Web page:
A content brief is far more than a set of instructions; it’s a compass that directs the content creation process. It ensures everyone involved — from the strategist to the copywriter — aims for the same content goals. 

4. Pick the Best Types of Content

Content creators know when and how to use various pieces of content as part of their workflow. You can determine what to create by studying competitors, speaking to customers, using Google Analytics, and brainstorming with your team. Before crafting your workflow, consider these types of content…with supporting use cases.

Blog Posts: Suppose you run a small business consultancy. You could write a blog post titled “5 Essential Strategies for Small Business Growth in 2024.” By targeting long-tail keywords like “small business growth strategies,” you cater to entrepreneurs looking for practical advice, increasing your post’s relevance and searchability. You can also repurpose this content for networks like LinkedIn.

Infographics: Imagine you’re in charge of a health and wellness website. An infographic illustrating “The Benefits of Strength Training For Runners” can turn complex health data into an easy-to-understand and shareable visual. It’d work for Instagram and Pinterest, too.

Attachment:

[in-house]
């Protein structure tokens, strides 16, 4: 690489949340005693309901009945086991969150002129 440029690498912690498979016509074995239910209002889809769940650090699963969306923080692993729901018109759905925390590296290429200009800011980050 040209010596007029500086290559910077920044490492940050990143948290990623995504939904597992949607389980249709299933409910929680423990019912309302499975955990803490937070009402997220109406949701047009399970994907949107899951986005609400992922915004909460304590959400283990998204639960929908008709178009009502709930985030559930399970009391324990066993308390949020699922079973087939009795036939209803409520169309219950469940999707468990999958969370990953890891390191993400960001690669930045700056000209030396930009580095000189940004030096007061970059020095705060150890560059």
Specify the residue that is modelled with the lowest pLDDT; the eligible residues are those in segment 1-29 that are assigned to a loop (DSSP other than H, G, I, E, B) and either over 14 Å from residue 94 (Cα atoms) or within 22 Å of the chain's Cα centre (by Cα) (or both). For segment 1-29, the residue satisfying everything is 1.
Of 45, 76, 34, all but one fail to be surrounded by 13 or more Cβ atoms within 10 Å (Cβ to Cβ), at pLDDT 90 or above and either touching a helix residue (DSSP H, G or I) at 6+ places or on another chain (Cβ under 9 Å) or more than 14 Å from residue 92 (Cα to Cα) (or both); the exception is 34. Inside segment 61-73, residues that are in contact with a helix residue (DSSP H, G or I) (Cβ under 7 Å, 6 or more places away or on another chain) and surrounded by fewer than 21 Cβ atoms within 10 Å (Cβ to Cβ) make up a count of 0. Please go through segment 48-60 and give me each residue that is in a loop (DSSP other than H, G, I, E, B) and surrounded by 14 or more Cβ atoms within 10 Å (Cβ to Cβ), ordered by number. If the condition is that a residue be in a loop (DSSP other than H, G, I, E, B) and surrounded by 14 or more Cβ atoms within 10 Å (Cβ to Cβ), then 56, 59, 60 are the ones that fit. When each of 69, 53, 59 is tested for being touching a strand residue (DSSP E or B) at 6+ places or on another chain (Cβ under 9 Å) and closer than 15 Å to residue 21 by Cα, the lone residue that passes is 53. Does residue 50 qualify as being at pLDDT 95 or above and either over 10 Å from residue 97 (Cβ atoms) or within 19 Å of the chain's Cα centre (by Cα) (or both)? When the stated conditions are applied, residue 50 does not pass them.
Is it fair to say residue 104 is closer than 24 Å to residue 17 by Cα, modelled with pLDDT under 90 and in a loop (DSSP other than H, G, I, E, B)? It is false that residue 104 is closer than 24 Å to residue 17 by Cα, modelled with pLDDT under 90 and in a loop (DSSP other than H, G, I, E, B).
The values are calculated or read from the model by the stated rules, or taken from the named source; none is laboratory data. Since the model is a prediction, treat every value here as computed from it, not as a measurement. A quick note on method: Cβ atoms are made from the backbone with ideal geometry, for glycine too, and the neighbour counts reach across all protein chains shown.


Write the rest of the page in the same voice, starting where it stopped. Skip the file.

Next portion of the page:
Videos: If you manage a travel agency, consider producing a video series titled “Hidden Gems of Ireland.” Each episode could explore a less-known tourist destination around Ireland, aimed at the US audience. This format is engaging and perfect for sharing on platforms like YouTube, while short-form could work on TikTok.

Podcasts: As a barista expert, you could start a podcast series named “Coffee Flavors of the World.” Each episode could focus on a different type of coffee brew, history, and recipes. This format is great for storytelling and connecting with coffee lovers who enjoy learning about caffeine drinks.

Instagram Posts: Running a fashion boutique selling shoes? Utilize Instagram to showcase your latest collection of heels or pumps. A post featuring a popular influencer wearing your apparel, tagged with trending hashtags like #outfit or #OOTD, could boost engagement and reach fashion lovers browsing Instagram on their phones.

5. Create a Content Calendar

Create a content calendar
Create a new Google Calendar or Sheet dedicated to your content strategy

Professional content marketers keep a calendar for organising content publishing. You can use project management software like Trello or ClickUp or dedicated software like HubSpot.